The primary subjects of my work are mosquitoes and tsetse flies. I have studied how female mosquitoes regulate their reproductive cycle and gene expression in response to blood feeding and demonstrated that mosquitoes require nutritional cues to begin developing eggs. My current research focuses on the study of the reproductive biology of tsetse flies, the vectors of sleeping sickness and nagana in sub-Saharan Africa. The reproductive biology of these flies is fascinating as they are one of the only insects that lactate and give birth to live young.
I hope to use the knowledge gained from these studies to improve current vector control strategies and to develop new strategies that disrupt the reproduction of these disease vectors.
- Study of lipid metabolism during tsetse pregnancy and the role that symbiotic bacteria play in this process
- Understanding the molecular mechanisms that regulate the expression of genes coding for milk proteins during the lactation cycle
- Understanding the physiology behind mating effects on female tsetse flies and the role of male seminal secretions on female fertility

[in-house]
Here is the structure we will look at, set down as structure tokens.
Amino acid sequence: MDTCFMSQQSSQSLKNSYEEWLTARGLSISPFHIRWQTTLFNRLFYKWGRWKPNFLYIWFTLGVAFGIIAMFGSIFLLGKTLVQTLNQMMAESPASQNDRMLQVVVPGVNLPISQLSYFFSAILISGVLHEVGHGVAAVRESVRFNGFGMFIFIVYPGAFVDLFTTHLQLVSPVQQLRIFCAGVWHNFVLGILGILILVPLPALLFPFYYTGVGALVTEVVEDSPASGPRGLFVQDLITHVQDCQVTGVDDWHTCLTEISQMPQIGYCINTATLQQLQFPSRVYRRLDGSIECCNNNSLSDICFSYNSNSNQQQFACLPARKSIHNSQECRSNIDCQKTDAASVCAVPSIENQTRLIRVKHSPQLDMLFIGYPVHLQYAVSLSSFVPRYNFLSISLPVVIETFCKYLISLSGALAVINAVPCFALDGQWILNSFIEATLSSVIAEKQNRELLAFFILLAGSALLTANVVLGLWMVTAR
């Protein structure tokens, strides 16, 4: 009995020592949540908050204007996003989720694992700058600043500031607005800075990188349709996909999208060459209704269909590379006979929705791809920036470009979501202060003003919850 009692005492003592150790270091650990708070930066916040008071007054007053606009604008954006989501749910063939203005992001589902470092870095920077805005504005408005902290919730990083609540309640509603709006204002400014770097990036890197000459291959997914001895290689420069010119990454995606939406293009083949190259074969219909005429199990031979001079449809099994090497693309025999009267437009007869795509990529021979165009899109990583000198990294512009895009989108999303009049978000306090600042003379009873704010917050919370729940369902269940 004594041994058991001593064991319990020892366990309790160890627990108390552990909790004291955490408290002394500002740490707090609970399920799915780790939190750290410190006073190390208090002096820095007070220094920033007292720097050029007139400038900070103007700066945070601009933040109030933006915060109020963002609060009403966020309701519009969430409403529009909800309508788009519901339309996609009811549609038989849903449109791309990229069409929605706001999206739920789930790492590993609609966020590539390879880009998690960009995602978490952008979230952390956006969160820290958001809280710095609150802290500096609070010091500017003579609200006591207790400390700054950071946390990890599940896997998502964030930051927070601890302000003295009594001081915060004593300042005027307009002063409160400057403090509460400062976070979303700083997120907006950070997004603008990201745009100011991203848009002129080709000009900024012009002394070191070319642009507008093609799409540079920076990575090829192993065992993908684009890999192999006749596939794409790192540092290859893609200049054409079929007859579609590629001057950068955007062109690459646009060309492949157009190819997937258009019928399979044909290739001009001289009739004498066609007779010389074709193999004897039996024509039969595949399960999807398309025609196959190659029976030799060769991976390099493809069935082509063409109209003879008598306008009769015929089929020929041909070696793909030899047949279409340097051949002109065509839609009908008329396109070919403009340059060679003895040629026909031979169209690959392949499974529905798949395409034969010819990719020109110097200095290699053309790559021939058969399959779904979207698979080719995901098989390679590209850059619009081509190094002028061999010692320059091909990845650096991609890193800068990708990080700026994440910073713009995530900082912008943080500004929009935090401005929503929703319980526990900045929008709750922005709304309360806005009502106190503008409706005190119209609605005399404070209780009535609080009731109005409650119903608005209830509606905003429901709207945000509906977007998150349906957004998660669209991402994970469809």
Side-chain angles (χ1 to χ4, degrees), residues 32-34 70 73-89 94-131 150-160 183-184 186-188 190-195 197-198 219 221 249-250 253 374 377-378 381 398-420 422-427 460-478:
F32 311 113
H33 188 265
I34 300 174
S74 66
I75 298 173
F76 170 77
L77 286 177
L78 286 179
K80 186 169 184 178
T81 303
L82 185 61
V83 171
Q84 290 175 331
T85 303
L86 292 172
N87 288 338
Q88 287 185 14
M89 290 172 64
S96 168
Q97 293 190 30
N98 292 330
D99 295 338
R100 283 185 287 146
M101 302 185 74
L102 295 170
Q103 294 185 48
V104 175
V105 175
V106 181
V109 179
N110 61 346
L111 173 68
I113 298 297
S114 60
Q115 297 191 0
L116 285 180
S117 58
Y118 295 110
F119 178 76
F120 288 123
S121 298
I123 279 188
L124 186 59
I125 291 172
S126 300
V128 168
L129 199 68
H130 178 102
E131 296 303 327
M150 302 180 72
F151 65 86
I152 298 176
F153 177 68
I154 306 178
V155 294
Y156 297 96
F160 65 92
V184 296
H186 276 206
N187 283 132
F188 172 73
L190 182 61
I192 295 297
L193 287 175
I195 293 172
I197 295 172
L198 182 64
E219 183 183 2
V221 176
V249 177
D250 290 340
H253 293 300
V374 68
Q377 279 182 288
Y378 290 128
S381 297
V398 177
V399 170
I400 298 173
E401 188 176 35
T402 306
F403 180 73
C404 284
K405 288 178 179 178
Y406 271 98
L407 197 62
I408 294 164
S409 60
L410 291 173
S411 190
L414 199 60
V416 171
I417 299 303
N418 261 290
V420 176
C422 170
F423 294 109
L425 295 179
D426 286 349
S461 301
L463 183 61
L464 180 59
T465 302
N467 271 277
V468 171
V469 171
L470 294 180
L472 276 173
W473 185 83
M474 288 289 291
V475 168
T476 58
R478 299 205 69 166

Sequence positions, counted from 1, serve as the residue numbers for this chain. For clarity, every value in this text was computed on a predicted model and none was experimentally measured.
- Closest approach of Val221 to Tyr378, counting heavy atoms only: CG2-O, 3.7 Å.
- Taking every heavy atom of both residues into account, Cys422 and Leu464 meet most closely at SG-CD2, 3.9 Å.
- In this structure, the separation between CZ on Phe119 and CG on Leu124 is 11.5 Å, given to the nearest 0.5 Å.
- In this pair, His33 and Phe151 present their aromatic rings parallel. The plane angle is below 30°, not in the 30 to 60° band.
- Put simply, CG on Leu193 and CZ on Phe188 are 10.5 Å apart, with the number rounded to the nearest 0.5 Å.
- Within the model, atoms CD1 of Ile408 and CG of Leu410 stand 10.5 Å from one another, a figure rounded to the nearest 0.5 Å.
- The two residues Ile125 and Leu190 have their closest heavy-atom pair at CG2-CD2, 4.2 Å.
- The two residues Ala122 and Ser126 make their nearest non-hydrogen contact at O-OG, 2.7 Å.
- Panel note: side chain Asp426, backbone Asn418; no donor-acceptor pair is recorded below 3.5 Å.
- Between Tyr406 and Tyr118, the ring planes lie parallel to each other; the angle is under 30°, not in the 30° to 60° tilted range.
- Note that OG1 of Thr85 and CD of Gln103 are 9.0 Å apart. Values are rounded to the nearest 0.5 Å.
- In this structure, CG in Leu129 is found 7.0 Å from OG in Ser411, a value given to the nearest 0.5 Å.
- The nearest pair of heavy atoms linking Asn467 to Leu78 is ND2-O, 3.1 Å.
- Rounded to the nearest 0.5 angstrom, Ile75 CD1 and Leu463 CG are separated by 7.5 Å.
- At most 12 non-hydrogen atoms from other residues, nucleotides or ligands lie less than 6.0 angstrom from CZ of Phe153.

- Comparative genomic analysis of different tsetse species to identify factors associated with vectorial capacity
- Understanding the nutritional and metabolic impact of trypanosome infection on female tsetse flies and their reproduction
- Development of new non-invasive detection techniques to measure changing physiological states and determine trypanosome infection in flies using hyperspectral imaging
I enjoy teaching and look forward to the opportunity to work with and mentor undergraduate and graduate students as well as the community in an educational capacity. Effective science education and communication is essential to the development of the next generations of scientists. My goal as an educator is to convey my fascination with the biology of medically important insects and the impact they have on society. I am a proponent of emphasizing the importance of problem solving and analytical skills, doing hands on work and recognizing the power of learning from mistakes. Entering science can be intimidating and overwhelming, however I think anyone with the interest and motivation to learn can be a good scientist. My goal is that my lab will provide a supportive, productive, fun and interesting place to learn, work and make discoveries that will someday make a difference in human health.